Tahlequah Daily Press

Local News

August 27, 2012

Changing times

Students at Tahlequah High School now have limited access to their cellphones during the school day.

TAHLEQUAH — When Tahlequah High School Principal Jeff Thorne proposed a 30-day experiment giving students “free zones” for texting and listening to music at school, a few teachers probably thought he’d lost his academic marbles.

Thorne’s theory is just one example of how school administrators across the country are working to eliminate distractions while also taking full advantage of the good that comes from technology.

“I had some push-back from teachers,” said Thorne. “Some faculty did not like the idea, but they’re not embracing the technology of the new age. Sixty years ago, television was ‘evil,’ it was ‘of the devil,’ all this kind of stuff. Is it? It can be, but it doesn’t have to be. It’s like everything else; it’s a tool, and it all depends on how you use it. We have to stop fighting technology and use it.”

The experiment kicked off last week after Thorne made presentations to district administrators, the Tahlequah School Board of Education, and THS teachers and students. So far, the feedback has been especially welcome among students.

“It’s definitely better for freshmen coming in to a big school like this. Some of them come in from little tiny country schools, and being able to text your friends, people you know, at lunch and say, ‘Hey, where are you?’ helps a lot,” said THS freshman Seth Campbell. “I noticed the whole attitude of school is just more relaxed because everybody’s not tensed up. At lunch, it’s quiet; everybody’s on their phones, not yelling across the room.”

Campbell and others at THS witnessed an immediate change in students’ attitudes around campus in the first week of the experiment.

“I think it was a nuisance before, because you couldn’t use your phone in the halls, and it was definite that you were going to get caught; but now that you have the option to check your text messages in the halls, you really have no reason to do it in class,” said THS senior Travis Hooper. “You’d think that once they started this everybody would be on the phone all the time, but that’s not the case. A lot of people don’t use them. I think it has cut down on students wanting to use their phones in class.”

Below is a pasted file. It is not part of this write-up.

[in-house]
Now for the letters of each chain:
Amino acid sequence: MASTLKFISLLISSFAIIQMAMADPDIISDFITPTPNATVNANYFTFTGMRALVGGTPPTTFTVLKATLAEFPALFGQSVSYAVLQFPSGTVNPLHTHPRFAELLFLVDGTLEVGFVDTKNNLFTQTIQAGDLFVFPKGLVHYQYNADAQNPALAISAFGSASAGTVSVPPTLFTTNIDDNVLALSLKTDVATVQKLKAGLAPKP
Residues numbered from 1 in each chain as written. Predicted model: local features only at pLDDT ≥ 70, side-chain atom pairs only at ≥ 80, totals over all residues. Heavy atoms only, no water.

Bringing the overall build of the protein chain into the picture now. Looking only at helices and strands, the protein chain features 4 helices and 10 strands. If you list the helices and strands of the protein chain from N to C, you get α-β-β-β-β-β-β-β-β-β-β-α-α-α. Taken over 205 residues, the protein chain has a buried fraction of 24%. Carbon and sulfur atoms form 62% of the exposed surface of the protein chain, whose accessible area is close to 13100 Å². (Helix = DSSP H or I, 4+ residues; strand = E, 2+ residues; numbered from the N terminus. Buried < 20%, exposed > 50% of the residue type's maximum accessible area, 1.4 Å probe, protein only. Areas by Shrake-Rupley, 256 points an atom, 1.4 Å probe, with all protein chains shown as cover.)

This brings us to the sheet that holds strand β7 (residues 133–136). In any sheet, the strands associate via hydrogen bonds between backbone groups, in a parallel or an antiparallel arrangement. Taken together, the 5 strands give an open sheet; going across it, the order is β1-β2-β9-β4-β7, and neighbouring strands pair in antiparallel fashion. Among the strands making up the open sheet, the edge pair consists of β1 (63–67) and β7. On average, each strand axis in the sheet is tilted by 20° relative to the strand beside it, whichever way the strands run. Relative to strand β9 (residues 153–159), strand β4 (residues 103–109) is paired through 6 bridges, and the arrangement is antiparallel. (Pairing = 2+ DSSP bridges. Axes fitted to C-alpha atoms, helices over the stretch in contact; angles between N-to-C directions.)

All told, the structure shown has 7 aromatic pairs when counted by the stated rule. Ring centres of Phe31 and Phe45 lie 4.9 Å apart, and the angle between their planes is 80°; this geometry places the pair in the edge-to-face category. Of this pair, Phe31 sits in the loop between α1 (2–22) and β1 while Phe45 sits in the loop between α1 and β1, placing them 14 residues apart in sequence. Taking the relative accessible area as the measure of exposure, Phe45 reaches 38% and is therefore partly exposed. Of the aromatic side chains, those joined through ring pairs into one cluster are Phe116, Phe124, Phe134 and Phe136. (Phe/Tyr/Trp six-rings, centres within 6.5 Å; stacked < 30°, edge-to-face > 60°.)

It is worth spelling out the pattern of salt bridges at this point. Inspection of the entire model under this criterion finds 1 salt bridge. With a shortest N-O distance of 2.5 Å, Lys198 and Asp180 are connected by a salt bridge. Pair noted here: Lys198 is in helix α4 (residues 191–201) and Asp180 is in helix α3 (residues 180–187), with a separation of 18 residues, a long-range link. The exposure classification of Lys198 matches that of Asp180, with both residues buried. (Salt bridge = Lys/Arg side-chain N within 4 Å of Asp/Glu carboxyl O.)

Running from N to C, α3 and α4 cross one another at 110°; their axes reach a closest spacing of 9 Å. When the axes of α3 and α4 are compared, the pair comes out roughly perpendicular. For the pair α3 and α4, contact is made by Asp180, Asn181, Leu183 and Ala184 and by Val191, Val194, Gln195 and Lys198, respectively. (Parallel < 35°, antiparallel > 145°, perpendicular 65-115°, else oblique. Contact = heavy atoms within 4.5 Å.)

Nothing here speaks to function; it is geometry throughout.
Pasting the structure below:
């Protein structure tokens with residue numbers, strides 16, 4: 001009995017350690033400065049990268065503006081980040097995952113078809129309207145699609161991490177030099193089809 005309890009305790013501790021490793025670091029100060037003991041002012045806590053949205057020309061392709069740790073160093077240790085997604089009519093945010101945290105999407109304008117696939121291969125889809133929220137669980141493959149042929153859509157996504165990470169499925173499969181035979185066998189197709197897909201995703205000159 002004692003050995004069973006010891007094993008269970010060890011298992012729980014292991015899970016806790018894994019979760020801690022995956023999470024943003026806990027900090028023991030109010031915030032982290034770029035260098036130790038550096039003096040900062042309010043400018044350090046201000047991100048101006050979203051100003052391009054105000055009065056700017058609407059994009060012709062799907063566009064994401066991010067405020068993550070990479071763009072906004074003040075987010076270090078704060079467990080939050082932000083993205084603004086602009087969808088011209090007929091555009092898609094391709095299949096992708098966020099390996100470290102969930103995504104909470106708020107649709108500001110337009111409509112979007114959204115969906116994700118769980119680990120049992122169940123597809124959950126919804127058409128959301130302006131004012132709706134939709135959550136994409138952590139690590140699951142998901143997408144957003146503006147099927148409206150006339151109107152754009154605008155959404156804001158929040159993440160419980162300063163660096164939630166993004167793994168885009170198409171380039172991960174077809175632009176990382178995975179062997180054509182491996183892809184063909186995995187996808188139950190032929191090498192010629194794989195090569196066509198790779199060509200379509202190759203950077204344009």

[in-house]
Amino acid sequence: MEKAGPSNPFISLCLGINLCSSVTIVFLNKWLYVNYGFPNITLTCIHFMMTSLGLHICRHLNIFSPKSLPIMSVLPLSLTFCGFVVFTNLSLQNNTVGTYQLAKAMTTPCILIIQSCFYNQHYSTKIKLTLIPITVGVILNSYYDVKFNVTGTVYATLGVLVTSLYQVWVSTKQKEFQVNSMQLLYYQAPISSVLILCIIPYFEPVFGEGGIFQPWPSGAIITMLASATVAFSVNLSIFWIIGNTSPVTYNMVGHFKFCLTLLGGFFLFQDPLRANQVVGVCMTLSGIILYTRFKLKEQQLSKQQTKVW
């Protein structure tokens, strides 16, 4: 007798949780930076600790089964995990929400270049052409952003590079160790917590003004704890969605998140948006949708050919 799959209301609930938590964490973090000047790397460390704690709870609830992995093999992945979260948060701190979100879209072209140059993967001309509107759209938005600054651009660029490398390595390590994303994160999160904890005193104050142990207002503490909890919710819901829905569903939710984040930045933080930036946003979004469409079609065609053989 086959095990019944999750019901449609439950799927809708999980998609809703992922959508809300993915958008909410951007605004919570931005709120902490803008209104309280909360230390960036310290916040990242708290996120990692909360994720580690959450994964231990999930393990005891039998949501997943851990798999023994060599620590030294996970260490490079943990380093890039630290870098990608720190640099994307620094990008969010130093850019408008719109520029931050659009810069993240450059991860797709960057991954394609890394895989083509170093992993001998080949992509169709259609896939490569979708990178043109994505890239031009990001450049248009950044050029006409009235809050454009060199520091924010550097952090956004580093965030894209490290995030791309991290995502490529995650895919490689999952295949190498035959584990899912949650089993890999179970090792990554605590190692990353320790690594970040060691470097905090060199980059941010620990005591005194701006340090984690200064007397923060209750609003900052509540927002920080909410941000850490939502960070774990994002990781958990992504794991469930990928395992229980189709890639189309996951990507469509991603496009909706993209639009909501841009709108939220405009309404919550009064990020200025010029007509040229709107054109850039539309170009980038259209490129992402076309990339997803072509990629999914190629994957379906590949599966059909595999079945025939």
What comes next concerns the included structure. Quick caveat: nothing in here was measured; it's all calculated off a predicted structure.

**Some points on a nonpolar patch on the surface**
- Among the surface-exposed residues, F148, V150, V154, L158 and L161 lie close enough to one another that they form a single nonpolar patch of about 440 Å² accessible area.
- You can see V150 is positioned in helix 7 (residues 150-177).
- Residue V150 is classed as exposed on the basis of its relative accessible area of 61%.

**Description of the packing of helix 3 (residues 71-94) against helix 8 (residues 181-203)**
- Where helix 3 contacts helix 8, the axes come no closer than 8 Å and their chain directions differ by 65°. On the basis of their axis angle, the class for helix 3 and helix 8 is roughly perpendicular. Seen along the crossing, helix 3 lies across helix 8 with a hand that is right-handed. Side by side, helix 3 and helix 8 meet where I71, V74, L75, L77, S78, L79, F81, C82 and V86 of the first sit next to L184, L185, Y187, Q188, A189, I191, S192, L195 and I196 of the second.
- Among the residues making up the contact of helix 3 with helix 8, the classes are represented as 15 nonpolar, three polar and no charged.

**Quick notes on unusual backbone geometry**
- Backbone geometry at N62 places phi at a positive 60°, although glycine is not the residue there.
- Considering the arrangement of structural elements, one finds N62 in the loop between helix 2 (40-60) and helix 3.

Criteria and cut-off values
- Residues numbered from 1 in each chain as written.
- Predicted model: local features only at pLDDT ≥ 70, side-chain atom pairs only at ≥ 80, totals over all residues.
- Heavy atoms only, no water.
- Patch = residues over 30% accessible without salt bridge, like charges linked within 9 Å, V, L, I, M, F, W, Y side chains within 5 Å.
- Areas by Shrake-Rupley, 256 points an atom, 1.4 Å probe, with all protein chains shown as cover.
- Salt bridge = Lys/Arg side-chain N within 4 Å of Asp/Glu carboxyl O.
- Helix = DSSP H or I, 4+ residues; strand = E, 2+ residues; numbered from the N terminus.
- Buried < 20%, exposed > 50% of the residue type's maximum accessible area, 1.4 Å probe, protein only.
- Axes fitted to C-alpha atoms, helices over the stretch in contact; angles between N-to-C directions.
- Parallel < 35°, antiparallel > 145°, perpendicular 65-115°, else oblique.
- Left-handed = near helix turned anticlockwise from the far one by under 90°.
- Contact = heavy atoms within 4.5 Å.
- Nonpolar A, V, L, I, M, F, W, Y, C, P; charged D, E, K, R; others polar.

Students must have their cell phones on silent or vibrate modes at all times. Between classes and during lunch hours, students can text and can listen to music using one earbud.

“That’s a safety issue,” said Thorne. “If you have both earbuds in, I can’t tell you the school’s on fire.”

Phone calls aren’t allowed, but Campbell and Hooper both said they wouldn’t want to talk on the phone while walking down the hall, anyway.

Thorne hopes to see the test project cut down on classroom interruptions from students who receive a text message and feel an urge to sneak a peek.

“Our whole society is based on cell phones. Students all have a cell phone, whether it’s a smart phone or not. When it vibrates in their pocket, everybody’s just dying to see who’s calling. ‘Is that my girlfriend, is that my ride?’ So everybody would try to sneak a cell phone out and then get in trouble in the classroom. It’s natural,” said Thorne. “By allowing students to be responsible and use their phones at the appropriate time and method, I think it’s a better deal for everybody. If I give them a window, a ‘free zone’ after class, out in the passing period, they can wait until class is over. I think that’s rational, that’s real.”